The surprise of Visitor floored me. Like Make Room! Make Room! (Soylent Green) or Planet of the Apes, it was us all along! A second, minor surprise is that the kyo left Atevi space, leaving Bren and company with… what? A couple of things: what to do with the secret the kyo left with Bren, and also, what to do with overpopulation on the space station? Add in an atevi family feud, and you’ve got the recipe for Convergence (2017).
The title Convergence, indeed the events of the novel are a conflation of a few thnigs. As is the Foreigner series’ identity, this conflation is not without the need for diplomacy, negotiation, and compromise, however. Enter our hero Bren Cameron. The secret of the human war with the kyo burning a hole in his thoughts, Bren and his entourage head to Mospheira to deliver humanity’s copy of the treaty and to resolve the overpopulation situation on the station. Some members of the Mospheiran government displeased at having been left out of kyo negotiations, Bren must deal with aggressive questioning and general enmity to find a solution. Meanwhile, Cajeri is sent on a publicity mission to uncle Tatesegi’s home. Little does he know that the skeletons of his mother’s family’s past are about to come out of the closet.
I had a weird moment reading Convergence. At one point in the early chapters, Bren/Cherryh set the scene for an upcoming meeting with Mospheira’s president, Shawn Tyers. What would ordinarily be a dry piece of diplomacy, I found myself instinctually thinking, Can’t wait! Cherryh has gotten me so embedded in her world and characters that what ordinarily causes me to groan had me expectant of conversation to come. In a day and age when so much science fiction is dependent on sensawunda, that is a subtle success if ever there were.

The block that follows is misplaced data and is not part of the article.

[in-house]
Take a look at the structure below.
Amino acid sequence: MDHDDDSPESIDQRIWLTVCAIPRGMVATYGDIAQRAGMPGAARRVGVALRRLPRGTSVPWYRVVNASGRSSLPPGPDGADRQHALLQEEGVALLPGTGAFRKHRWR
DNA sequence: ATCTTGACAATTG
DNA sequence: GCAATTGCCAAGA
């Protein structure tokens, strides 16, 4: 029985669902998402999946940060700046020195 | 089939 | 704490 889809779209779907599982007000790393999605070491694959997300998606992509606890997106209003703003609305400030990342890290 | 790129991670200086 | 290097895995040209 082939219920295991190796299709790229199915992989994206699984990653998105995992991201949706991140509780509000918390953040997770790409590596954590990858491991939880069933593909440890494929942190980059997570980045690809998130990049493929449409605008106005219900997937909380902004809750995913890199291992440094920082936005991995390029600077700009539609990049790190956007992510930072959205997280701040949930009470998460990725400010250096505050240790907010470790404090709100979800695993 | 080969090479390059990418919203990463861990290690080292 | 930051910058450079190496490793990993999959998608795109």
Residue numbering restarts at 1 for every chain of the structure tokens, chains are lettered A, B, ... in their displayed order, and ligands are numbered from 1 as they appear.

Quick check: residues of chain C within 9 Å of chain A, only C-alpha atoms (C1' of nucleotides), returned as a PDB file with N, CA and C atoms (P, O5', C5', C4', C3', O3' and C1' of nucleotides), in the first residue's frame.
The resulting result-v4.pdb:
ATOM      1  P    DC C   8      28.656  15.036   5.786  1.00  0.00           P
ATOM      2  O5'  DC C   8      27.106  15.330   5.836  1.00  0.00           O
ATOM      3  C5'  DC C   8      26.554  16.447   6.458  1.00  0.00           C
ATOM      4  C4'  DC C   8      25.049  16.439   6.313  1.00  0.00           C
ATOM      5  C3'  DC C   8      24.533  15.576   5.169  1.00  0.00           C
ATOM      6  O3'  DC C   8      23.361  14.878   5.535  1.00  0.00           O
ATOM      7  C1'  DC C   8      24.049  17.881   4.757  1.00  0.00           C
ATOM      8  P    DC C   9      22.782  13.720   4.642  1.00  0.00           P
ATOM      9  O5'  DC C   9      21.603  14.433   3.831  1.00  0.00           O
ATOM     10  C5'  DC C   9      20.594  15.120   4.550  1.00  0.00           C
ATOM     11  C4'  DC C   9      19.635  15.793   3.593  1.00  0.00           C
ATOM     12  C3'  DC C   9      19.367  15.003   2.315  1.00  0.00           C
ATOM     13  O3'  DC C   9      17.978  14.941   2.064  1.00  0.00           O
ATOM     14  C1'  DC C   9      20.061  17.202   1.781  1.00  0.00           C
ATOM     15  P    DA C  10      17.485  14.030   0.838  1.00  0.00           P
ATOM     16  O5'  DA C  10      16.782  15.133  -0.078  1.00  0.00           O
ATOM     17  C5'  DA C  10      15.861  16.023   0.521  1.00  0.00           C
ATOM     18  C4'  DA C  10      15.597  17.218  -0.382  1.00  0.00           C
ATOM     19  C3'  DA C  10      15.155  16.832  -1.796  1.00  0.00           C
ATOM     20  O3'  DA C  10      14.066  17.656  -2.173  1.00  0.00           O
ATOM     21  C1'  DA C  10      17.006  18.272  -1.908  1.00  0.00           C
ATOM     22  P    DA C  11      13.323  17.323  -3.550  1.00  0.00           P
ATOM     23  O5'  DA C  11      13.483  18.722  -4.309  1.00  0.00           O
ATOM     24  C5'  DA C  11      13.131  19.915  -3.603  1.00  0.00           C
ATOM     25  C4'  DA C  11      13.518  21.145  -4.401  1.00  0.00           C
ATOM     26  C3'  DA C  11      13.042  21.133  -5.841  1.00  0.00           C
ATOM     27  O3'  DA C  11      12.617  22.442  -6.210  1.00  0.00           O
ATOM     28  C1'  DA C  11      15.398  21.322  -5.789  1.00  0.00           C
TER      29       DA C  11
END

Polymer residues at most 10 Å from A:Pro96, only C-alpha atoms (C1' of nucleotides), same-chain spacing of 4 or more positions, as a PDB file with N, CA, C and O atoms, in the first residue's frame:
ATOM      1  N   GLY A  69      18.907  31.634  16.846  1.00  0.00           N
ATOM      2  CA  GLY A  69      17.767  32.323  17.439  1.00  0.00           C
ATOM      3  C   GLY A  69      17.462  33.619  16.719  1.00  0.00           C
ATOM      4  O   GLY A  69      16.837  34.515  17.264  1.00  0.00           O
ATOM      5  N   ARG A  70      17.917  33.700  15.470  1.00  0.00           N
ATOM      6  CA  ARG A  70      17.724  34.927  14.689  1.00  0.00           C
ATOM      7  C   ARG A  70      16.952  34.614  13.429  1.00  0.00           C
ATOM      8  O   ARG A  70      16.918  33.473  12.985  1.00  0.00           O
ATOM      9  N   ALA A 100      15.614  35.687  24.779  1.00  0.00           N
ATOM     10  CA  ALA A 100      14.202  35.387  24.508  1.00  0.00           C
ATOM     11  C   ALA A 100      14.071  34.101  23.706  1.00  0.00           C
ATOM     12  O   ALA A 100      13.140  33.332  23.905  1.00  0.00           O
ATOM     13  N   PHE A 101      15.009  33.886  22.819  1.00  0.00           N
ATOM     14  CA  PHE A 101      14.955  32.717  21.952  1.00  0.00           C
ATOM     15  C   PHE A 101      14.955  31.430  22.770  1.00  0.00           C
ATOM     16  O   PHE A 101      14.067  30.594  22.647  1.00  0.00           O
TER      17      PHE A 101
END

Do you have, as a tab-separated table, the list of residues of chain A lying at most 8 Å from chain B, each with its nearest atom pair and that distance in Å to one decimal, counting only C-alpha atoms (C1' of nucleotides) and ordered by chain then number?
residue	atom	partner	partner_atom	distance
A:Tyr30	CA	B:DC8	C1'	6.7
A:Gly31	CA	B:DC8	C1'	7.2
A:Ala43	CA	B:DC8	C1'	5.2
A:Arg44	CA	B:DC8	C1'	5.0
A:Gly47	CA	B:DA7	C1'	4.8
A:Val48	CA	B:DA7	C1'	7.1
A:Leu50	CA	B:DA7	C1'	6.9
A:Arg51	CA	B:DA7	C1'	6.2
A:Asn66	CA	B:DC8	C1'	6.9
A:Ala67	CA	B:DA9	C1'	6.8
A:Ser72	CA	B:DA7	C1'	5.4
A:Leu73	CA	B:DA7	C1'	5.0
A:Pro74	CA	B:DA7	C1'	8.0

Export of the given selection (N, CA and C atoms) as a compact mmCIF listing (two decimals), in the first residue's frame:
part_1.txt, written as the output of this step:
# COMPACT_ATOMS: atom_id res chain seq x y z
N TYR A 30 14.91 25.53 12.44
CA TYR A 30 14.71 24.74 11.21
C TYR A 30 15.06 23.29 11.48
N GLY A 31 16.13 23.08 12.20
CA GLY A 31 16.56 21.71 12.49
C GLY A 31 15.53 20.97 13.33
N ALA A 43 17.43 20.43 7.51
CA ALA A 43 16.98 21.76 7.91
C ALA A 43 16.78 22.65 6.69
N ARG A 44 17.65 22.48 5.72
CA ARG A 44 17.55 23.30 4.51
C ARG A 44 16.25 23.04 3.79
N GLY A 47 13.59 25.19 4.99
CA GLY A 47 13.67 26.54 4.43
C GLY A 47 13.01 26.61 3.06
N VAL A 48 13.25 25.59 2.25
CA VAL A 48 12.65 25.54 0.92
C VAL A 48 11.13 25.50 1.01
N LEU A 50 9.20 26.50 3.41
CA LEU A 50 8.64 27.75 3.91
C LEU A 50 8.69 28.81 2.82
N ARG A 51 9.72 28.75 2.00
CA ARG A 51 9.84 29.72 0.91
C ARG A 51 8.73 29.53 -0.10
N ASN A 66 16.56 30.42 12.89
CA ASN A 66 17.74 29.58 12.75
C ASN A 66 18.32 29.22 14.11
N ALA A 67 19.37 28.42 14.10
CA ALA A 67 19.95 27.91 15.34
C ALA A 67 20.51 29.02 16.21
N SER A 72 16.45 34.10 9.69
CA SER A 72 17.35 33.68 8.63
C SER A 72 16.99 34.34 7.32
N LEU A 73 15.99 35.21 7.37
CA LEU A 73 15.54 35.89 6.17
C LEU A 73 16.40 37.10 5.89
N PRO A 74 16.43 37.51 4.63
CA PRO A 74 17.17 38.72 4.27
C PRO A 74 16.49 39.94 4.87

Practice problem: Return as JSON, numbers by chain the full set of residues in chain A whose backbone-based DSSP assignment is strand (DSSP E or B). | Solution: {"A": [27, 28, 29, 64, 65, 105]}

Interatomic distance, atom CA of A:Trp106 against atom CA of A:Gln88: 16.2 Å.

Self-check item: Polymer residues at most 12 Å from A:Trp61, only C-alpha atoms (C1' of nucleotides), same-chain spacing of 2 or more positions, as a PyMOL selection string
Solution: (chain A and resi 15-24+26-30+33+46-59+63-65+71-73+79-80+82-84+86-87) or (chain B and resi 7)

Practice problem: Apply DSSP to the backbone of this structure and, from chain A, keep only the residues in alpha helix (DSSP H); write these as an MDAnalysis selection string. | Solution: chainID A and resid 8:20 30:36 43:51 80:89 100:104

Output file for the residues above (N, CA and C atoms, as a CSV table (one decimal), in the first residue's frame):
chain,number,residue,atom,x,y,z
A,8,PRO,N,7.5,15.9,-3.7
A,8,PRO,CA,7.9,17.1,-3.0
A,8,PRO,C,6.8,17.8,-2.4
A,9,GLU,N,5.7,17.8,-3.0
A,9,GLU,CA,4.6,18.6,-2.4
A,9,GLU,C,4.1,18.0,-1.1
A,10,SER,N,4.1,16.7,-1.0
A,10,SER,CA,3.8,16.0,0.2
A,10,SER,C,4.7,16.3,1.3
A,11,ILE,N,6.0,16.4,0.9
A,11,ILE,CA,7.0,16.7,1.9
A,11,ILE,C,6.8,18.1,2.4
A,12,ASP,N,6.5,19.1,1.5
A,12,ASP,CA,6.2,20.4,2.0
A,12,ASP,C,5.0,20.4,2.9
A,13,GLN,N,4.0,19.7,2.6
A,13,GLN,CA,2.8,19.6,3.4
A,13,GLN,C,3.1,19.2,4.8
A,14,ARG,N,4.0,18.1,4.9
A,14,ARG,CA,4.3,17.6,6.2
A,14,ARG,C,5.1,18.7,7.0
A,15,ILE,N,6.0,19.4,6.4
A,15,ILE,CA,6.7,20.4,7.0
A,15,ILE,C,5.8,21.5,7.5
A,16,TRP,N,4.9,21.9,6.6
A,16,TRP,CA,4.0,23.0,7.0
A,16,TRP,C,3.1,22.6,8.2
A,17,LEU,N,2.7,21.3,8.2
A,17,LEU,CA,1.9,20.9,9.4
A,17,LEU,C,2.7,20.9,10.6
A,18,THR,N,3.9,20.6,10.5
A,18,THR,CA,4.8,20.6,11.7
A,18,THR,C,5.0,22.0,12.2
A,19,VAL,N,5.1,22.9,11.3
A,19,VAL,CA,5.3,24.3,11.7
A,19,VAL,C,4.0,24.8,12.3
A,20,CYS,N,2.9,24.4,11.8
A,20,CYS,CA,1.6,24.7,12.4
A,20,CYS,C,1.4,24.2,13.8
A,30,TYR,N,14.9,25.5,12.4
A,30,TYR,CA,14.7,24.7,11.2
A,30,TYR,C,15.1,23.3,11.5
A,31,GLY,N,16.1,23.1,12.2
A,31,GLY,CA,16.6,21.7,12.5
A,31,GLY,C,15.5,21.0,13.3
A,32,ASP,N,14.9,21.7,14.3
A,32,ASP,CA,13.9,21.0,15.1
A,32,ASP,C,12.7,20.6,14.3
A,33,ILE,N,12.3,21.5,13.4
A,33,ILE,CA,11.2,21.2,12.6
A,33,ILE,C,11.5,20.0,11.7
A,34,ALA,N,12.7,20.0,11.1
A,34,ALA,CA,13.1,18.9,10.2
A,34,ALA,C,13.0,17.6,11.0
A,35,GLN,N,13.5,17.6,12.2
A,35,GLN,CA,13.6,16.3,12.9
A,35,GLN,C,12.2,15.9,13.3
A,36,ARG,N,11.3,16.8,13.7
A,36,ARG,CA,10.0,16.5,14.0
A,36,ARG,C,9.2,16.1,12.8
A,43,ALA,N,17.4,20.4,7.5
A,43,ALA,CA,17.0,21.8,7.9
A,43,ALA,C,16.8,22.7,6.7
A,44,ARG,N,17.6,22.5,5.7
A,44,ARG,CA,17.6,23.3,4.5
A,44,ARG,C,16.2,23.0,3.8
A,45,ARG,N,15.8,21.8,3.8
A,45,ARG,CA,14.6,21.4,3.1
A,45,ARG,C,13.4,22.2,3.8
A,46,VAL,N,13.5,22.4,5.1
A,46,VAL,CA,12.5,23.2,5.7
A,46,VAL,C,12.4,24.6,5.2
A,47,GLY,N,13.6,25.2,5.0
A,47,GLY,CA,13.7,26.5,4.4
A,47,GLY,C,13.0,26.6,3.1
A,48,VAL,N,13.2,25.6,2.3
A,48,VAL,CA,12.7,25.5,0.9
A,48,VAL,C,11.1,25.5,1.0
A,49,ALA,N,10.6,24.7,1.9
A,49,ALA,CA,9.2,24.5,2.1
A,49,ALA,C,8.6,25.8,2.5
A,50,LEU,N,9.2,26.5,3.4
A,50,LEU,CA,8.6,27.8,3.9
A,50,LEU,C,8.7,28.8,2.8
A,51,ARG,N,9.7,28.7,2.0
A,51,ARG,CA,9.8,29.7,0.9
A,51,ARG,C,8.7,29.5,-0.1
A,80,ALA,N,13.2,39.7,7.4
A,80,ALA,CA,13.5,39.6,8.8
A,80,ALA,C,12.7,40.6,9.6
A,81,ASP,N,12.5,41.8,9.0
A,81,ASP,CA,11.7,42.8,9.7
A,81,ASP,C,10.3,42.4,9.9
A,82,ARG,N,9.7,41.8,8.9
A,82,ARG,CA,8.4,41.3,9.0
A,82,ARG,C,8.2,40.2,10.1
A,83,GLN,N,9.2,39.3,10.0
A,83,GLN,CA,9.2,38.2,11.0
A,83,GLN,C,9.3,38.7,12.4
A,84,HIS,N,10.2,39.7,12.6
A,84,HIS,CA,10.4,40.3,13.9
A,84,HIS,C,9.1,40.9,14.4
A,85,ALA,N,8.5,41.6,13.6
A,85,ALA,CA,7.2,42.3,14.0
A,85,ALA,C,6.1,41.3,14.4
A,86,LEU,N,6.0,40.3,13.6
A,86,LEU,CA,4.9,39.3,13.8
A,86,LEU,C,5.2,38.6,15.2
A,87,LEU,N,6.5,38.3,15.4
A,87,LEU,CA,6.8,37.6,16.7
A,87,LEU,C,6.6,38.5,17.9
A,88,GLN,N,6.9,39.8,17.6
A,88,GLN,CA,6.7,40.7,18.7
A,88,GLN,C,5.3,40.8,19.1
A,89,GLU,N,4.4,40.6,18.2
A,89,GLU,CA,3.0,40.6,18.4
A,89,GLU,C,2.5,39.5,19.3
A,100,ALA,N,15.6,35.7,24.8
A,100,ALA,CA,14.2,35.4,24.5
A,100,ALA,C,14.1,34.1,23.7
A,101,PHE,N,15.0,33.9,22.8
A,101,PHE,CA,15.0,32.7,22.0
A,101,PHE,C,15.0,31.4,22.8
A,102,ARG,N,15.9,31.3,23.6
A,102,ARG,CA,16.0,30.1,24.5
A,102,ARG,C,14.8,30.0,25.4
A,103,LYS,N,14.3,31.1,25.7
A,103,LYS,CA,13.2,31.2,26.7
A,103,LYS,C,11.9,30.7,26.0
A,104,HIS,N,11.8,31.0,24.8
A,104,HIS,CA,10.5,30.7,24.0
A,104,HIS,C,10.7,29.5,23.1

I am not able to say which of the six trilogies that comprise the Foreigner series is best. Like children, each have their own qualities and role in the series. What I can say is that Convergence brings to an end what was set up by Tracker and expanded by Visitor in satisfying fashion. It doesn’t have the “fireworks” of Visitor, but it does feature a problem that Bren has yet to face, namely human negotiations. After seventeen books, this contrasts nicely with atevi negotiations.
Overall, the novel closes a trilogy which featured almost everything that makes the overall series great, save internal atevi clashes. Cultural and social (vs military) conflict, linguistics and communication, us vs. them thinking, compromise, soft skills, etc.—Foreigner fingerprints are visible everywhere. Convergence, and this trilogy as a whole, almost feel like a bookend. Bringing together all the major elements of the series thus far and tying them off with a loose bow, Cherryh could have ended the series here and I think most readers would have been satisfied. Knowing another trilogy has been published as of the writing of this review leads to the question: what next?